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It’s been a little more than a month since the opening of the Crystal Bridges Museum of American Art in Bentonville, Arkansas. The museum is a project of one Alice Walton, tenth-richest person in American (worth about $21 billion, give or take) and one heir to the indecently large Wal-Mart fortune.

Given the Wal-Mart connection and our bizarre love-hate relationship with the company, I was expecting a lot of criticism of  Crystal Bridges from advocates of worker’s rights and a lot of derision from mainstream art people and I was disappointed on neither count. The opening was greeted with protests from the Occupy Movement and organized Wal-Mart workers, who were then mocked in an embarrassingly fawning puff-piece in Forbes.

A Model of the Crystal Bridges Museum

The art world has been dismissive because Ms. Walton is, apparently,  little more than a rich dilettante who simply went on a buying spree to fill a museum that was nothing if not a vanity project. Sounds a lot like how New York ended up with the Museum of Modern Art to me, and no one has pointed out how Crystal Bridges is different. Of course, there’s been some backlash against the effete snobs from the East Coast from the Arkansas loyalists, some even repeating the stupid, self-congratulatory mantra that the South is the REAL America and is in all ways culturally superior to the rest of the Nation.

Yes, the Waltons got rich on the backs of exploited workers, not just here but in third-world sweatshops from Taiwan to Sri Lanka. Interesting, but not really the point. The money comes largely from foundations, Alice Walton’s and Wal-Mart’s, mainly. They could have given it to the workers, I suppose, but they weren’t going to and no one could make them. What a lot of Wal-Mart haters fail to realize is that we have no one to blame but ourselves for the size of the Walton family fortune. SOMEONE is buying all that cheap imported bullshit from them. SOMEONE aided and abetted their destruction of Main Street and independent retailers. I have never seen anyone shopping at a Wal-Mart store at gunpoint. The Wal-Mart story is quintessentially American; they had a competitive advantage and exploited it. Capitalism 101.

So…New Yorkers can complain all they want when Walton buys Asher Durand’s Kindred Spirits from the New York Public Library’s collection, at an auction, through a sealed bid, but the fact remains that the Library put it up for sale.

Kindred Spirits (Asher Durand - 1849)

We can all shake our heads in disgust when Walton’s dirty money buys Norman Rockwell’s iconic Rosie the Riveter, even though the result is that the painting will now be forever available to anyone who happens to be passing through Bentonville.

Rosie the Riveter (Norman Rockwell - 1943)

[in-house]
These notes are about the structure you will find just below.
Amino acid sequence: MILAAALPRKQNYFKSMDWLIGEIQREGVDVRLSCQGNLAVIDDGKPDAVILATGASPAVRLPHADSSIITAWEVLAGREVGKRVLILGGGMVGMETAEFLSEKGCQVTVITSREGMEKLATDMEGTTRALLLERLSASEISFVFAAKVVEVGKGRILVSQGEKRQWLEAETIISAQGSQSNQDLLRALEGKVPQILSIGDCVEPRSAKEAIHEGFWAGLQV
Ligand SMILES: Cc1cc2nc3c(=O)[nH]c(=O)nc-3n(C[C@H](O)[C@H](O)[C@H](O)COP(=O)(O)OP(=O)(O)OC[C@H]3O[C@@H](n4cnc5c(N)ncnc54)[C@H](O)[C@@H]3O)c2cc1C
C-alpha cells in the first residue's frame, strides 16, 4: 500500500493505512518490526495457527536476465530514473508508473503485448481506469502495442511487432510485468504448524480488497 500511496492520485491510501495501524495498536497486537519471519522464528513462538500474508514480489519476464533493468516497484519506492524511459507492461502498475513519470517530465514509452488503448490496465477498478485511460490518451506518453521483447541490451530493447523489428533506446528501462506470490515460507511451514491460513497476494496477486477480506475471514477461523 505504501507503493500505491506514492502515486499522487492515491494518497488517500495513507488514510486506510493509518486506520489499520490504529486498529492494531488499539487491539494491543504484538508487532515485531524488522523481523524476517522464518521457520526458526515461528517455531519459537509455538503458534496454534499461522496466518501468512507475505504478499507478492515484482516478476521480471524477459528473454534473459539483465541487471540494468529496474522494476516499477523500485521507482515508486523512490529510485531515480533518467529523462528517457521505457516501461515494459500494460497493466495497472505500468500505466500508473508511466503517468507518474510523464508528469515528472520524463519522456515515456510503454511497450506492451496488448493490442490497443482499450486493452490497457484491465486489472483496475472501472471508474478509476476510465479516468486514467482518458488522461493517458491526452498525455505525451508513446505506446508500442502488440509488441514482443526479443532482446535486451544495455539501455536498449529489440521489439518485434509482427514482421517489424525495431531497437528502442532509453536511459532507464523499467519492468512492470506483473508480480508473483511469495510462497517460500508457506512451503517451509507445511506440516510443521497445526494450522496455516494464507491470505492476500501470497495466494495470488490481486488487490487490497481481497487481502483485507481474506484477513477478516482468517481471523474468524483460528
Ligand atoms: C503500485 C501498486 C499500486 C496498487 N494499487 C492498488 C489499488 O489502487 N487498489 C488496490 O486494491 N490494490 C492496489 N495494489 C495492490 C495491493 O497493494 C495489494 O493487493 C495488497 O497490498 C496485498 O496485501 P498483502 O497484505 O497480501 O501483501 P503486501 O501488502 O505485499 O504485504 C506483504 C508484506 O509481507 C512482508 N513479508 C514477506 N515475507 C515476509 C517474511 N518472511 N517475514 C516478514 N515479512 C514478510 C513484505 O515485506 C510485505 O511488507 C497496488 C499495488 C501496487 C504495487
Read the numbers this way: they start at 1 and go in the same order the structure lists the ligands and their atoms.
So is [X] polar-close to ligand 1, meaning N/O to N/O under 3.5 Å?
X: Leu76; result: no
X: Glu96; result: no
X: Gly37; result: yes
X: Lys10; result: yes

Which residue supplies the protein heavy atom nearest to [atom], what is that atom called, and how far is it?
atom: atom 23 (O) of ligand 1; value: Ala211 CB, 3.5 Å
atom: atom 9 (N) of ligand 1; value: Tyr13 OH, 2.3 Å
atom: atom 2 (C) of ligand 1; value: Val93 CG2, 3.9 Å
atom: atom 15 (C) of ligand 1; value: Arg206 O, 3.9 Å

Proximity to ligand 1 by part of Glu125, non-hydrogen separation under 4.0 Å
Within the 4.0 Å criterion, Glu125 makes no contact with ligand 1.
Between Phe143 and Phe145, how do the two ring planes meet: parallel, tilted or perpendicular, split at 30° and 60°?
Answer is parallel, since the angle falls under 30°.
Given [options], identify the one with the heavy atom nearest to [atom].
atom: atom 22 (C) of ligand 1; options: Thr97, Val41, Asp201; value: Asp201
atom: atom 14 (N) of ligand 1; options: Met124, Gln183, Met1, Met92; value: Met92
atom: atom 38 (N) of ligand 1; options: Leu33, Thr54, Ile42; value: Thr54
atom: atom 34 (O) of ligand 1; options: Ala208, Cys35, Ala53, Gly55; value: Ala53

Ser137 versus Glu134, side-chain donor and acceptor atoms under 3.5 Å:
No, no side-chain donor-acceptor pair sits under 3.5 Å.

Me, I’m planning on spending a day at Crystal Bridges if I ever find myself in Arkansas for any length of time. Yes, the building is gaudy to the point of tastelessness, and yes, the money that built it and paid for the art that resides there is a monument to an economic system that dangerously unbalanced. I know these things. I know how hard it is to work for Wal-Mart, having spent the longest 8 months of my life in their employ in Bozeman, Montana a few years back.

I will go because art is meant to be seen and the paintings that now live in Bentonville are American treasures of the highest order. I will go to see the work of George Bellows, Marsden Hartley, Thomas Eakins, John Singer Sargent, Arthur Dove, Georgia O’Keeffe, Thomas Cole, Charles Sheeler, Benjamin West, Mary Cassatt, and all the others because that’s what the paintings are for. And I will continue to work to change the system that created the wealth that financed Crystal Bridges in the first place. This time, I will leave the complaining and derision to someone else for a change.

Excavation at Night (George Wesley Bellows - 1908)

Update: 12/22/2011: The tempest continues! Bloomberg’s Jeffery Goldberg leads the charge on behalf of social engineers and bleeding hearts while “Culturegrrl” Lee Rosenbaum of the ArtsJournal defends the museum. Even after reflecting on what I’ve written here earlier, I can’t seem to buy the argument that Walton should have handed her money to Wal-Mart employees instead of bankrolling Crystal Bridges. These links are a good “point-counterpoint” on the arguments.

I don’t think it matters whether or not Wal-Mart workers, or at least the ones Goldberg talked to, don’t care about art. It’s a phony argument.

One Comment

  1. Well said, Rick!

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  1. […] 5) Some Thoughts on American Art and Hating Wal-Mart (December 19th) […]

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